Pete Taylor
Thursday 9th November 2017 at 6:07 pm
Average speed cameras rely upon their being a front number plate on a vehicle. Many (most?) of the "super-cars" which are thrashed along the by-pass and are paraded through the village at the week-end do not carry a front number plate. I believe that is because it has been publicised that not having a plate is only punishable by a fixed-penalty of £60. No matter how many times one is caught it is only £60, no penalty points.
I have no information on this particular accident, or if excessive speed was involved but if average speed cameras are though to be a solution, then the penalty for failing to display a plate must also be changed.
Paul Williams
Thursday 9th November 2017 at 7:42 pm
Alan
I didn't miss speeding out.
As my post says, I just stated a few of the reasons, not all.

I deliberately didn't write it because too many people appear to be blaming the recent collisions on it without the facts being known yet.


Best wishes
Verity Williams
Friday 10th November 2017 at 7:35 am
Thanks Craig. I'll come on Monday and repeat this there but I wanted to add another side to the argument here, too.

It's incredibly sad for all the family, and awful that it takes accidents to discuss obvious issues. However, it's not fair to always blame fast drivers. Speed doesn't kill, inappropriate use of speed kills. We shouldn't always reduce driving to the lowest common demonimator with ever reduced speeds. Motorways at night are a good example where speeds tend to be higher, as are driving standards, with drivers displaying greater awareness and anticipation of other drivers.

On reflection of this issue, there are many single lane winding country roads in the area, with few safe places to overtake, where many drivers don't seem to be aware they're in a national speed limit and do 20-30mph below the 60mph limit. This happens frequently on Macclesfield Road, Congleton Road, Knutsford Road, Hayes Lane, as well as the Alderley Edge bypass. This causes two issues.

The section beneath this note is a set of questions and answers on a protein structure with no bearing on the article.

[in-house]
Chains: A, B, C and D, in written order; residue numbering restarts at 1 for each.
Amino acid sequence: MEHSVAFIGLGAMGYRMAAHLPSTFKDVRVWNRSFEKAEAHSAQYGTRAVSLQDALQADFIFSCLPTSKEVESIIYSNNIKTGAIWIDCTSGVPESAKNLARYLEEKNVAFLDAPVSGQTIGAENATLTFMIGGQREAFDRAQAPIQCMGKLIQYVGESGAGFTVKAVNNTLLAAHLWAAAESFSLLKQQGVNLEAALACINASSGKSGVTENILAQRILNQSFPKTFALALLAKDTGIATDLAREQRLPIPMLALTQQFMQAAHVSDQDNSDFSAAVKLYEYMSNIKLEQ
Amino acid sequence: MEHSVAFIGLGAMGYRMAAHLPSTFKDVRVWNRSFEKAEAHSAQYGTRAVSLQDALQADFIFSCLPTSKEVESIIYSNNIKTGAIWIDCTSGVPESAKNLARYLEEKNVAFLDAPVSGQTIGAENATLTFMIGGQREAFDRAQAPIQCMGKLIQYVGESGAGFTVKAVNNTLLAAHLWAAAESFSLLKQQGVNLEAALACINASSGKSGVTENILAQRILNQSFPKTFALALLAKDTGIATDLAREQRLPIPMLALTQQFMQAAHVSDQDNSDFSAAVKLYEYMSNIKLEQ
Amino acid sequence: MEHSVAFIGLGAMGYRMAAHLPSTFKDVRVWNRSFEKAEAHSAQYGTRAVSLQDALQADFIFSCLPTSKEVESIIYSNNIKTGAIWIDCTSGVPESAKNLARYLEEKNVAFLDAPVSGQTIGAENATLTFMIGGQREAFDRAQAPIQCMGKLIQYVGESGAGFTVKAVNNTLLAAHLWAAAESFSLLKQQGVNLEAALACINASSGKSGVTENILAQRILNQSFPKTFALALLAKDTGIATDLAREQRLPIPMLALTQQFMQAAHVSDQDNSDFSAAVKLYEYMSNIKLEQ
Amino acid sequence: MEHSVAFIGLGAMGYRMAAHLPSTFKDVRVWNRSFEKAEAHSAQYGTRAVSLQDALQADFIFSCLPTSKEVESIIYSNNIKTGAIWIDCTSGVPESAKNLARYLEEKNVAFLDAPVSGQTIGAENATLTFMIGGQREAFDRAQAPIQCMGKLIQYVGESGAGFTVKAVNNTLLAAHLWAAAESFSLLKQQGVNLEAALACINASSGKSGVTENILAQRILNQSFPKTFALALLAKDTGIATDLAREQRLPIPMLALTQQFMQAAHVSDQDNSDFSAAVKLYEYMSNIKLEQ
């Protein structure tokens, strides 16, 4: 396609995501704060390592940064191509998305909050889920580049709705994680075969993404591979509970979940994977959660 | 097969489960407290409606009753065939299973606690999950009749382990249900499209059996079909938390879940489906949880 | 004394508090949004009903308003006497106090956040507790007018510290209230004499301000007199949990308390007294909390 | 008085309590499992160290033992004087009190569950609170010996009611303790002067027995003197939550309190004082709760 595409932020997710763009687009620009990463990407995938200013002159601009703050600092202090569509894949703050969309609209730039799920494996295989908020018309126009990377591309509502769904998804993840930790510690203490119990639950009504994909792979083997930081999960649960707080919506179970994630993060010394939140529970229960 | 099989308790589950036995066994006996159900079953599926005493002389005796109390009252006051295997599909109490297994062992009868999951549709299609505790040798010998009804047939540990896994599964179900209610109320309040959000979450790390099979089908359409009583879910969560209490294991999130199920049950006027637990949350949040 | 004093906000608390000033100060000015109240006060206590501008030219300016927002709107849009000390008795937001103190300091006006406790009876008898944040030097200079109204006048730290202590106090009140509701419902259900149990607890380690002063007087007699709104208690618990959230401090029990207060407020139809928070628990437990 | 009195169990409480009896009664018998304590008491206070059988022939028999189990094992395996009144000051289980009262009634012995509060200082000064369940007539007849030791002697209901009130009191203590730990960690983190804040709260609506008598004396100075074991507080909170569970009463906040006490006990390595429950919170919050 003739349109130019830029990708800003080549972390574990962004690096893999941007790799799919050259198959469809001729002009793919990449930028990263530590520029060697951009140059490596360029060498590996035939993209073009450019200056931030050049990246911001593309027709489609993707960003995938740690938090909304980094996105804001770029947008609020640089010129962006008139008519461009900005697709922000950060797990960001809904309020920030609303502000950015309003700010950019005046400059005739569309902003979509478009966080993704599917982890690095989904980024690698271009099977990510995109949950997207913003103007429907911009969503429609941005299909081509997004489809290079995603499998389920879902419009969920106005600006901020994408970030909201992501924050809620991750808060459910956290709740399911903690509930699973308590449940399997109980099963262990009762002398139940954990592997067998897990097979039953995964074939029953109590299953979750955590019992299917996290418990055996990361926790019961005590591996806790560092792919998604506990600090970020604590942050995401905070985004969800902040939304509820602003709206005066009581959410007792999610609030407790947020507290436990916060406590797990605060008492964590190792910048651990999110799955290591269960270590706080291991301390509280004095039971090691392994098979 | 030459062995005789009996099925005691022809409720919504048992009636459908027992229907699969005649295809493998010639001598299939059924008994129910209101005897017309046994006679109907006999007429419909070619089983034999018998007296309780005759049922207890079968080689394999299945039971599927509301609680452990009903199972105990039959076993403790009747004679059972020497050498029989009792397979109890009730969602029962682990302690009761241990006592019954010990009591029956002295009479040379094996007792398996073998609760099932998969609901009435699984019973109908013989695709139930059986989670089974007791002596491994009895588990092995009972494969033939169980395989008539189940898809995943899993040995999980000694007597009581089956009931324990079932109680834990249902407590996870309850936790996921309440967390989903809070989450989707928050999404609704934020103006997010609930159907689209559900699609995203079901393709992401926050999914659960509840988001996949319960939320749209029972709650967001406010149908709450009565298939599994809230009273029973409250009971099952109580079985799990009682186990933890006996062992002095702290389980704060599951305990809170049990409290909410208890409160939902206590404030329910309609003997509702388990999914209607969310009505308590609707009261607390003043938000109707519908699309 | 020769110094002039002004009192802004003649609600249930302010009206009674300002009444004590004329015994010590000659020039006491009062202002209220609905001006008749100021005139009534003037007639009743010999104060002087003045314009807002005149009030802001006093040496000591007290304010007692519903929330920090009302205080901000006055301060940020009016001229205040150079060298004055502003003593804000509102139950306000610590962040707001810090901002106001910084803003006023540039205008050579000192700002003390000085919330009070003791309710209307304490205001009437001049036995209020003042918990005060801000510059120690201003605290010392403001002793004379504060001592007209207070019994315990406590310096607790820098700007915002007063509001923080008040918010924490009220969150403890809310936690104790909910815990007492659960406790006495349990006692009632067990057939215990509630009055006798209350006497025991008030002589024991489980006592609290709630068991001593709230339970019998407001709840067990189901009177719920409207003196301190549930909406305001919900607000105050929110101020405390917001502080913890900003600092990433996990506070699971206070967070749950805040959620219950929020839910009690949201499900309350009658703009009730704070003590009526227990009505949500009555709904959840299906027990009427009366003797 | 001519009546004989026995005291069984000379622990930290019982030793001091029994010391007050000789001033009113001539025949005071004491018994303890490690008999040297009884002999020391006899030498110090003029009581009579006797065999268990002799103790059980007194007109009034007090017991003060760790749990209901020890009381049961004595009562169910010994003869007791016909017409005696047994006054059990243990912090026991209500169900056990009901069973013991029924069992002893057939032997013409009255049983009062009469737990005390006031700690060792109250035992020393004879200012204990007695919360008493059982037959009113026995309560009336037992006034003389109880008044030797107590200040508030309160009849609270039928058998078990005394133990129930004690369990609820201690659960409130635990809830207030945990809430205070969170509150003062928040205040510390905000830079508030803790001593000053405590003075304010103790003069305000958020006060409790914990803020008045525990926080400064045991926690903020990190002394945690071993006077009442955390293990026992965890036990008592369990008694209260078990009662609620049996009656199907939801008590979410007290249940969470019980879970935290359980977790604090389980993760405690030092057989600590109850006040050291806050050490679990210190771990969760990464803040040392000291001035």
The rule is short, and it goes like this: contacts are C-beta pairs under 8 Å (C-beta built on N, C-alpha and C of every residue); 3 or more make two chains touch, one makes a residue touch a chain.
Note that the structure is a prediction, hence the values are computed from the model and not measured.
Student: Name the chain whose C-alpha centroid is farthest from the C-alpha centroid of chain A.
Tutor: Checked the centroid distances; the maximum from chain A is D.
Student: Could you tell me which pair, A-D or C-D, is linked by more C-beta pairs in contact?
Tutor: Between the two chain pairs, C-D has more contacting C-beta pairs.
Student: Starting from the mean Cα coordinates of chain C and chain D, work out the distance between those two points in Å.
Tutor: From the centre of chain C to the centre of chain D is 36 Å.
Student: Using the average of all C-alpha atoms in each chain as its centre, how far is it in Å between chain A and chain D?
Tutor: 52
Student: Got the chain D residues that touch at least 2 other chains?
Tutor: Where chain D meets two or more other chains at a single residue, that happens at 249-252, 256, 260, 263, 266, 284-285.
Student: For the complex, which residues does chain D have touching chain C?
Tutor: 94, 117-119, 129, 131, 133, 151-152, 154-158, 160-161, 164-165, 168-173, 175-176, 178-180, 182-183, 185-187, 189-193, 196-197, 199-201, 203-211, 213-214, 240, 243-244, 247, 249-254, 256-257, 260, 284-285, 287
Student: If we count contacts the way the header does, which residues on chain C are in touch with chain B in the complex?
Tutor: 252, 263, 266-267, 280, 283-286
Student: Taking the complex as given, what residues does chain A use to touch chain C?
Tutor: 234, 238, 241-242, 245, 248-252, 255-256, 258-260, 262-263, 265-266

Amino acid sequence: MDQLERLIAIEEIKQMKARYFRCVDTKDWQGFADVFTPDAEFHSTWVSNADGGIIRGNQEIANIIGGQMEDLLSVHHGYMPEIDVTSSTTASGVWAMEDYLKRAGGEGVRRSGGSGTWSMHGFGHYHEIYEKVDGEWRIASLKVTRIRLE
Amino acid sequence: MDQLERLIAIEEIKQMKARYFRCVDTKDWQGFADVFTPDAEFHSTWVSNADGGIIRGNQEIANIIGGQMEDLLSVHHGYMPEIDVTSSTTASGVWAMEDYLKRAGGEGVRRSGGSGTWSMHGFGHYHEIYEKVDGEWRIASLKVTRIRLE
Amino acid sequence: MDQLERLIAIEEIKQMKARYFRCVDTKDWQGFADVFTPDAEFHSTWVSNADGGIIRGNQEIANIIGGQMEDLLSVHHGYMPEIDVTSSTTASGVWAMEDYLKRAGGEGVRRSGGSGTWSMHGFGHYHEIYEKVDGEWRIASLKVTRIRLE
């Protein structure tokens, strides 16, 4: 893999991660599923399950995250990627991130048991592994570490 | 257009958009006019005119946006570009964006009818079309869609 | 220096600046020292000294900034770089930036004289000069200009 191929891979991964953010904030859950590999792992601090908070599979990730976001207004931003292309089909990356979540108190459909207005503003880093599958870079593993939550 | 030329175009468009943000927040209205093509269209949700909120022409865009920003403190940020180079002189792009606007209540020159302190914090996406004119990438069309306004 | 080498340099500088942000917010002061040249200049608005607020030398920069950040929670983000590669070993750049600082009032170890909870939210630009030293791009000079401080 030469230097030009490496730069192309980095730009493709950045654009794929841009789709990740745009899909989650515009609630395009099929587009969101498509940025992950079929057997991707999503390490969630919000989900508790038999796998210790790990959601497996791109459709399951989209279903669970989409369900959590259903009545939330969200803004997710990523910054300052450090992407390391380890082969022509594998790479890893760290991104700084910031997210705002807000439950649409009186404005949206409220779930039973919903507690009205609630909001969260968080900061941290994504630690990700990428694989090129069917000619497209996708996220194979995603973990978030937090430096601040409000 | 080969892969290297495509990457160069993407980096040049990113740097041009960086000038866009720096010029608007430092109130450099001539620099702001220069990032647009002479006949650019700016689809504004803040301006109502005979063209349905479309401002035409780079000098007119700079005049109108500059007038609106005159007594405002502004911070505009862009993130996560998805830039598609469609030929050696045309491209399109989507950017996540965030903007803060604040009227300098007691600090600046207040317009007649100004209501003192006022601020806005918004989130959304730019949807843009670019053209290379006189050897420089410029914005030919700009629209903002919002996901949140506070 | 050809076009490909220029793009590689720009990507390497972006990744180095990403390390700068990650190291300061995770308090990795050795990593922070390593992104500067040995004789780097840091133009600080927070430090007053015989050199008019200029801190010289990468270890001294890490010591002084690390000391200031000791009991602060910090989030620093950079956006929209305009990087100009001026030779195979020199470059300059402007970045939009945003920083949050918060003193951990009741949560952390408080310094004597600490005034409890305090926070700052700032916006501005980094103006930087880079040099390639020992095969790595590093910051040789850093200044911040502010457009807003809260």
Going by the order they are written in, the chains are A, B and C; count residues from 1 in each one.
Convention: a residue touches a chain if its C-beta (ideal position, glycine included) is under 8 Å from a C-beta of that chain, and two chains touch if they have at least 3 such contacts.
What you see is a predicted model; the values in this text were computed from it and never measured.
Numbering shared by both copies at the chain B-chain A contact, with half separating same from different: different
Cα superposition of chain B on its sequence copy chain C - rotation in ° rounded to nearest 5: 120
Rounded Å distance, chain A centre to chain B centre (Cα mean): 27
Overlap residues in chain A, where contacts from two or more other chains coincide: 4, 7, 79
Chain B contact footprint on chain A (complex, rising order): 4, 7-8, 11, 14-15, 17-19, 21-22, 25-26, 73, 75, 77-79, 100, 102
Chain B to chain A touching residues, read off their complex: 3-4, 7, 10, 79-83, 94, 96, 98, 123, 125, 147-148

The first is it's indicative that either drivers are not aware they passed a national speed limit sign, they don't know what the sign means, or they don't know how to judge likely speeds according to the Highway Code - presence of street lights, a residential area, etc. If drivers are not aware they've passed signs, or of the Highway Code, what else are they not paying attention to or aware of?

Secondly, driving at up to half the maximum speed (which would likely cause you to be pulled over on a motorway) causes long tailbacks, drivers reduce distances between cars, and the bad cycle of accelerate / break happens on repeat. Inevitably, this is frustrating, increases journey times unnecessarily and potentially increases dangerous overtakes.